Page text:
And this film makes beautifully dispirate and delicate real links between past and current history , banking crisis, farming practice, the enclosures of natural space, the suppression and deliberate divisionment of people in this isle historically, to the natural crisis within the landscape today from human activity, militaristically defined landscapes held and run by incomprehensibly complex outsourced privatised globo corporate business share vehicles.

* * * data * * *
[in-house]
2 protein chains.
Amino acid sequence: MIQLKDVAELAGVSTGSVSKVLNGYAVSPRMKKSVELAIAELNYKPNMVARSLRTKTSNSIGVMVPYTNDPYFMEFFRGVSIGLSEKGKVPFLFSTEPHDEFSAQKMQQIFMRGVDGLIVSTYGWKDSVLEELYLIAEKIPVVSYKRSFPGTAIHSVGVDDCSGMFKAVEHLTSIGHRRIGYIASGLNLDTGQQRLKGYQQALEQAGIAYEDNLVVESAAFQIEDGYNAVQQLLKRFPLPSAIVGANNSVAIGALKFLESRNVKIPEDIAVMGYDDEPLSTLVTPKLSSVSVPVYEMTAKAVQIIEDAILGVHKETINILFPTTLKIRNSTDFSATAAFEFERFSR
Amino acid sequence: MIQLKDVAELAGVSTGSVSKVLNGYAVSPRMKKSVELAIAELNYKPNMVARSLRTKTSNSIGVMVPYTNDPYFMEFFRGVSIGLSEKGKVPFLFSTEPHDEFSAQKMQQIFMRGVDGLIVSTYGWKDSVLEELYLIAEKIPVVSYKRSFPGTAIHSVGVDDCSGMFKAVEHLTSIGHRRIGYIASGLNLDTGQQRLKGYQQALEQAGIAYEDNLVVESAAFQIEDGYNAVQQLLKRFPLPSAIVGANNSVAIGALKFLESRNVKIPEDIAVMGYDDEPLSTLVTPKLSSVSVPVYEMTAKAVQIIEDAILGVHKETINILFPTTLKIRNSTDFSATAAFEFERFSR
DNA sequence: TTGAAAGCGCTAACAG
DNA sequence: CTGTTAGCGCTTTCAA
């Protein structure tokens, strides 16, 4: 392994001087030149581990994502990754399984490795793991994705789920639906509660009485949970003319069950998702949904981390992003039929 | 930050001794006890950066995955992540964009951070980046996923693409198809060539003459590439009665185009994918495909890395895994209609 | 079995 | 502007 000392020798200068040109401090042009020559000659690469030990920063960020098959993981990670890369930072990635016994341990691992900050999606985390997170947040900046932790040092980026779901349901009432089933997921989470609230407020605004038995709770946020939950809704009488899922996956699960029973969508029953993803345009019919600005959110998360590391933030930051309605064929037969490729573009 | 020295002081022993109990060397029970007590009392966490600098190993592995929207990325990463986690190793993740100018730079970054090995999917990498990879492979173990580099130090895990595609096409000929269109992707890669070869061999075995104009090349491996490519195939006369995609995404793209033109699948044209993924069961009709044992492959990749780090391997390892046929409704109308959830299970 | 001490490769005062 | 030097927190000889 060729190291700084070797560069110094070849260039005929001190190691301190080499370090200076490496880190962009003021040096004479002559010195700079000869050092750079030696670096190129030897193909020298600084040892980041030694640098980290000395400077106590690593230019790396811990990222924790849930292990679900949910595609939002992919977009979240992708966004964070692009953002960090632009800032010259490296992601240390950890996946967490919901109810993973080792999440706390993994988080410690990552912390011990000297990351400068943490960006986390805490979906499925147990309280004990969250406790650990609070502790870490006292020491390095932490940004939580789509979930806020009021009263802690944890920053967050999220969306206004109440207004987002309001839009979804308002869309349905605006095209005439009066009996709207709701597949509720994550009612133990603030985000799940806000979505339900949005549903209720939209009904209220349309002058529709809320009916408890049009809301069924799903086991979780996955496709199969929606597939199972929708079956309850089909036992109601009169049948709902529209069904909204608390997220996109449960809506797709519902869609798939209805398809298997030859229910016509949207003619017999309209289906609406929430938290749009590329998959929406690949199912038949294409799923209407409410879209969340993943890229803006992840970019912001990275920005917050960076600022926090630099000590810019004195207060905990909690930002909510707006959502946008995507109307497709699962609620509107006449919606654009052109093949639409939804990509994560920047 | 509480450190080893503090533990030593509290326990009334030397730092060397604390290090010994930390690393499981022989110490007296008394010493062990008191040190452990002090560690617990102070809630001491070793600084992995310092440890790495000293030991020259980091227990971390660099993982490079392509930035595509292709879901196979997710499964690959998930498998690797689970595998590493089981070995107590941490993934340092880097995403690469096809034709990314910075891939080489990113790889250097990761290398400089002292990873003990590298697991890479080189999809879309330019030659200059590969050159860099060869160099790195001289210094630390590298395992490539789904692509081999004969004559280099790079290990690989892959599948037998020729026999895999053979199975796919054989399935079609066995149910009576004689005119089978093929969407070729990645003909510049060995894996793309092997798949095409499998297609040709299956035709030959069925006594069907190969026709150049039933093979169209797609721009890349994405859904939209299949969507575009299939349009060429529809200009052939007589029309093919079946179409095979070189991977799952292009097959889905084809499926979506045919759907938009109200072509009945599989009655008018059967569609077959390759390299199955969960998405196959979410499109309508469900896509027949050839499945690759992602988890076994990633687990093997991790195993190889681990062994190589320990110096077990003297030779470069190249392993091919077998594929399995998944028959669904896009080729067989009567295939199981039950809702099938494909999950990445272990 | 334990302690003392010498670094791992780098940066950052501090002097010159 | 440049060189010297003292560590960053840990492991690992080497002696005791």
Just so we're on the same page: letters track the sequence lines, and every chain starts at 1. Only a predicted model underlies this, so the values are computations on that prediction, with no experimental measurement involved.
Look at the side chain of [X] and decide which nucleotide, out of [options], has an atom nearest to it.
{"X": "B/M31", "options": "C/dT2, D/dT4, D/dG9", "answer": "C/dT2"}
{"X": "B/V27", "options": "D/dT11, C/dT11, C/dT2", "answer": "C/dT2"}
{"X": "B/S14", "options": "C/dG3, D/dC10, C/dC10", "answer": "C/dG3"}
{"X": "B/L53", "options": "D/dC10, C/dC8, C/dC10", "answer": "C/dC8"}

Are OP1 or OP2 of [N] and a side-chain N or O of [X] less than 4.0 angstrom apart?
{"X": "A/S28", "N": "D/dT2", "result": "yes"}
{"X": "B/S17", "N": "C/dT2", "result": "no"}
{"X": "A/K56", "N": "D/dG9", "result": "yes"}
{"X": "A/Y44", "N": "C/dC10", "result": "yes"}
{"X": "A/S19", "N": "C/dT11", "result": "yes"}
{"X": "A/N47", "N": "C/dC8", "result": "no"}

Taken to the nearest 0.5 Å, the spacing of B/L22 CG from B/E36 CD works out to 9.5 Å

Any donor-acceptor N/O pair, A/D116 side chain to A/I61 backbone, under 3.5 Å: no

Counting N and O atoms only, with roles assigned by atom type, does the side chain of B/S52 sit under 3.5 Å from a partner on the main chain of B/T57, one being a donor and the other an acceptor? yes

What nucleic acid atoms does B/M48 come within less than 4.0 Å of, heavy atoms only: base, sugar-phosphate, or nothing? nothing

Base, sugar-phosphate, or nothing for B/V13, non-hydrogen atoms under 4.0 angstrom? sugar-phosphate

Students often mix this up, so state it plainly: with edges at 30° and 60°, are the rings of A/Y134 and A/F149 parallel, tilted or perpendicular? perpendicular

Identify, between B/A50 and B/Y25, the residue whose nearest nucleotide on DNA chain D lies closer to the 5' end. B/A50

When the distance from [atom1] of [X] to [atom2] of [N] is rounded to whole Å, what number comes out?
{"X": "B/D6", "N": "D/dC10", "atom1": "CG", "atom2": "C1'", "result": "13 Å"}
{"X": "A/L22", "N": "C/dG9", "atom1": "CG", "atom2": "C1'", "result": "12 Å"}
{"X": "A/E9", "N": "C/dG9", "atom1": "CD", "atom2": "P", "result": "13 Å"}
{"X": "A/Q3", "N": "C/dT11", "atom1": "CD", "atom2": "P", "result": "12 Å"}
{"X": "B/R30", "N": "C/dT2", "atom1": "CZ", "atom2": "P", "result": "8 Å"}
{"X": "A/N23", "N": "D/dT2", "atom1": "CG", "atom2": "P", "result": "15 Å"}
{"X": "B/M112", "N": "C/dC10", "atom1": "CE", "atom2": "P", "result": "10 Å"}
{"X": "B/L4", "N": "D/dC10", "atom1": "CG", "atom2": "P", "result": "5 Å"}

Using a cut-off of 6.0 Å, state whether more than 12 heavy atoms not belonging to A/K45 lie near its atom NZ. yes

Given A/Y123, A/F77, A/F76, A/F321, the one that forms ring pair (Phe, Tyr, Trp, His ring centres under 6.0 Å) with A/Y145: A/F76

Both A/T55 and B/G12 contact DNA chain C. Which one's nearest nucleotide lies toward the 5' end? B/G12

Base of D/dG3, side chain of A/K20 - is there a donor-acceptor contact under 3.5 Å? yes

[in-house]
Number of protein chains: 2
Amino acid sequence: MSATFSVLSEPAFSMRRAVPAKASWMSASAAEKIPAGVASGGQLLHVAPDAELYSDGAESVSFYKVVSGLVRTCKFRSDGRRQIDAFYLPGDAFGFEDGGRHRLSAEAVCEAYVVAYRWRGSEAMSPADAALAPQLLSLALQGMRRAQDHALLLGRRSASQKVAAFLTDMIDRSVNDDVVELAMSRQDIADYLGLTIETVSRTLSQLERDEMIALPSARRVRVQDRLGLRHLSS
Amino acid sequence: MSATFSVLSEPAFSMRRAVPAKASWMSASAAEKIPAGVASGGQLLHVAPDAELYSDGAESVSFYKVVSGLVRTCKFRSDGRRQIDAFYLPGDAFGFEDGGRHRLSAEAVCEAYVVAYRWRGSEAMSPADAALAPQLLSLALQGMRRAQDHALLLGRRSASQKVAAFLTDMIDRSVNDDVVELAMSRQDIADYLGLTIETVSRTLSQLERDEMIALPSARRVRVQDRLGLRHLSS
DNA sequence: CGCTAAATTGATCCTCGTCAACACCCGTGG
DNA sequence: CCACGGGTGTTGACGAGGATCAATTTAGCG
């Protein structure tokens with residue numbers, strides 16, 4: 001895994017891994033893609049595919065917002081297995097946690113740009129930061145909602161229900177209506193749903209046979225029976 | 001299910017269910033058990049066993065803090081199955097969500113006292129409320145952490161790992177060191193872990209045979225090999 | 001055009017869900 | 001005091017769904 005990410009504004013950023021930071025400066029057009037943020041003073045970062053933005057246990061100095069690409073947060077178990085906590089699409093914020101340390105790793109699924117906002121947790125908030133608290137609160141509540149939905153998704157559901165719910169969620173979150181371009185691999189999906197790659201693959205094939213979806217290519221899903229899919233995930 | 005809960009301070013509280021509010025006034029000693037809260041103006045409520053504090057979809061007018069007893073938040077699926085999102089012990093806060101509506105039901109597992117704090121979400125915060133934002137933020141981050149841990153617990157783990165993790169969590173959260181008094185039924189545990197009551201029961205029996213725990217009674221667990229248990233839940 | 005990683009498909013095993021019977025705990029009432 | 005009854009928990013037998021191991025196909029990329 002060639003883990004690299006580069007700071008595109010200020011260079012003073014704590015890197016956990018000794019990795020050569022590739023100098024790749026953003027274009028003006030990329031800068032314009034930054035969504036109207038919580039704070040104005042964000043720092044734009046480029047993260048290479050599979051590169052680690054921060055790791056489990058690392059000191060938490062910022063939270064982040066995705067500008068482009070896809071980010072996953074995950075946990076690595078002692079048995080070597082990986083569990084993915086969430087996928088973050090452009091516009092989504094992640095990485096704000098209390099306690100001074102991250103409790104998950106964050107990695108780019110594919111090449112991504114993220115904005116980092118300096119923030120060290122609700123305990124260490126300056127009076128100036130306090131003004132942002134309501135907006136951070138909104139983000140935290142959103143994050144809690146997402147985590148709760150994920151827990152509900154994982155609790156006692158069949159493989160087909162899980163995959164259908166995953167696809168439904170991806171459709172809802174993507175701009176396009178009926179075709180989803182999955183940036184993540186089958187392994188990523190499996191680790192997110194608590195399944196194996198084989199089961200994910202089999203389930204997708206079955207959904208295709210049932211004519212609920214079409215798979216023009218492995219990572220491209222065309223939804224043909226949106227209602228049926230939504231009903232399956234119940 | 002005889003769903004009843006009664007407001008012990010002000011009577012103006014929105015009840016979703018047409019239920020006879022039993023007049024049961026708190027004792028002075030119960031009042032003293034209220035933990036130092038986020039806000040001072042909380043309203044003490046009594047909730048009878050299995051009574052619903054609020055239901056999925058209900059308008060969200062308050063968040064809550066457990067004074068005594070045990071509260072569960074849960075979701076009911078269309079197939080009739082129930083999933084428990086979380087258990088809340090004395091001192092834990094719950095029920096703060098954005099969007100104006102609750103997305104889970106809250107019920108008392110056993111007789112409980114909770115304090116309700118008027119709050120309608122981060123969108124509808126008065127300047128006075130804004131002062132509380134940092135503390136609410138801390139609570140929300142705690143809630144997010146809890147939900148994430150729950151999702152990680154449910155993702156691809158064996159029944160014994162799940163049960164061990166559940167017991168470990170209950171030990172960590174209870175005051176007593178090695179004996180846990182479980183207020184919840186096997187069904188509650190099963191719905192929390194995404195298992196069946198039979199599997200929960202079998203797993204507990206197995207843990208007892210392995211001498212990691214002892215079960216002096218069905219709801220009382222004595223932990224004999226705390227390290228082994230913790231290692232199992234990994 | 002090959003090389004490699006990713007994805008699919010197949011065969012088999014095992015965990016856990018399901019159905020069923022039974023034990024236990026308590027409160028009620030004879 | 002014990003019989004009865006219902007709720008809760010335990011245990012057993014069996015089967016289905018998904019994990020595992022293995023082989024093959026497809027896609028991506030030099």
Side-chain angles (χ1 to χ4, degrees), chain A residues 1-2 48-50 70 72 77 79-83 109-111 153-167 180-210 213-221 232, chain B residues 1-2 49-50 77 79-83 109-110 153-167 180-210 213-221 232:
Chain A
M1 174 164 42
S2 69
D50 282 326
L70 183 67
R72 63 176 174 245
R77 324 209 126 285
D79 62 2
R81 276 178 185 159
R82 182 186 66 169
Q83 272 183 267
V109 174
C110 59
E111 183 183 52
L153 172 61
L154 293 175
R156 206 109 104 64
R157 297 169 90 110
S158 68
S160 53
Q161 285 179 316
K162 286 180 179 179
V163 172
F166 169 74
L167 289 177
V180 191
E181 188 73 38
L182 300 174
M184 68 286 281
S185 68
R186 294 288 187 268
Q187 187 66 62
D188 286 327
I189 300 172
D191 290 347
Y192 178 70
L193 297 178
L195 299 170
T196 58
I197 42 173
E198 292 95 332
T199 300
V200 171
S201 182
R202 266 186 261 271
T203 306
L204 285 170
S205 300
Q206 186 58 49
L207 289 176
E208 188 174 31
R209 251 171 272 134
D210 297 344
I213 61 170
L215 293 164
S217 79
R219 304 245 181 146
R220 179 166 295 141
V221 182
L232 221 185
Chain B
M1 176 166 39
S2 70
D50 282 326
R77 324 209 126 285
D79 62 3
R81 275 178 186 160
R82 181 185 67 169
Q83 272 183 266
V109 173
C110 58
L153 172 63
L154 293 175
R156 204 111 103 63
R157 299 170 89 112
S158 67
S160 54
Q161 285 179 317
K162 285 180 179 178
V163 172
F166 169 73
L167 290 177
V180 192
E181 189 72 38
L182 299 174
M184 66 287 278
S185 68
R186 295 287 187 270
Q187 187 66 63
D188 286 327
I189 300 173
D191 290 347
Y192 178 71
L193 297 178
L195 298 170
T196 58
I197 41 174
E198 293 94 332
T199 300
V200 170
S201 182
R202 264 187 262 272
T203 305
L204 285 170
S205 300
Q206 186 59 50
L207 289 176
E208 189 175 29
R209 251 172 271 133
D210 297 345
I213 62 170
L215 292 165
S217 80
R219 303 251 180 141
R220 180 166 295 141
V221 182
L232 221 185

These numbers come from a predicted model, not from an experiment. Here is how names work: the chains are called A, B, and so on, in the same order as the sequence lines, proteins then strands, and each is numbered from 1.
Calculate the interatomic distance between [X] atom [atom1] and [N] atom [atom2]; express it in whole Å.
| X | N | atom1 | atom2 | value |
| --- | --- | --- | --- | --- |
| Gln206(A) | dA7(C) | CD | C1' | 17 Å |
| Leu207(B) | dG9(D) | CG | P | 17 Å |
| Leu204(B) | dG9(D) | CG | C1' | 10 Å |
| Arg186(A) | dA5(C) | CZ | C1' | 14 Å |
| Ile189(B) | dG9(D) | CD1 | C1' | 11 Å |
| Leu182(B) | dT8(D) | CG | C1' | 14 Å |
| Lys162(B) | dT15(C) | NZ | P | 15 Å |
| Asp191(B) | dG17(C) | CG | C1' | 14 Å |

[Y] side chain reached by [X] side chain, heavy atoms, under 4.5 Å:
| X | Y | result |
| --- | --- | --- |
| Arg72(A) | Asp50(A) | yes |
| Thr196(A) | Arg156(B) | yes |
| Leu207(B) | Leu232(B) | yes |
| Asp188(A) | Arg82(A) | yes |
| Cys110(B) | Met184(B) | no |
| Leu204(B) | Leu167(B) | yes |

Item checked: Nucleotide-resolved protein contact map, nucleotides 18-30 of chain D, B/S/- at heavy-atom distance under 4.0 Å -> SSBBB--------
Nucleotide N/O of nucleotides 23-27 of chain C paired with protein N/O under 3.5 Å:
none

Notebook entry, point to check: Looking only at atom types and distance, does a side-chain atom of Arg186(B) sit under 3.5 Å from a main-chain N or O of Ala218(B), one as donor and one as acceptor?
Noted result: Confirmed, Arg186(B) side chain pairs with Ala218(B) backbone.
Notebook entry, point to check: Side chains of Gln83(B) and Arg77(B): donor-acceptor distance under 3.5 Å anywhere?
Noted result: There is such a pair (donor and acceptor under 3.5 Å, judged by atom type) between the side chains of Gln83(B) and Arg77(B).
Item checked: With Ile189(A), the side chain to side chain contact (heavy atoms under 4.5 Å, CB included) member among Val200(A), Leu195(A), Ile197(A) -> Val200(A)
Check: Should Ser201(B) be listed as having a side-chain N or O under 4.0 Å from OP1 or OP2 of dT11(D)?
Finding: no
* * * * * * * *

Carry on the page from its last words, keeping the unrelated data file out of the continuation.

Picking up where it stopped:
Some might criticise a lingering shot within this film of combine harvesters, yet it is there for several purposes, this film is so dense textually in the information its conveying and makes no apology for it, you need to keep up, to hold the thread being built in your own imagination, and the harvesting shot is a rest point for you to digest and coagulate into a clearer form, allot of what has previously been delivered, and functions at this role rather well, secondarily it serves to highlight another subtext in the film which is mans mastery and dominance over an apparently natural landscape, the harvesting shot though only 2 or 3 minutes of footage ? helps to draw a small yet realistic glimpse of the monotony with which man is almost bleakly raping the land for so maximal a yield, the “were almost to good at technology” comment bubbles up here, and that fields aren’t really fields at all, theyre really just production units in some tabulated statistic of overall production yield.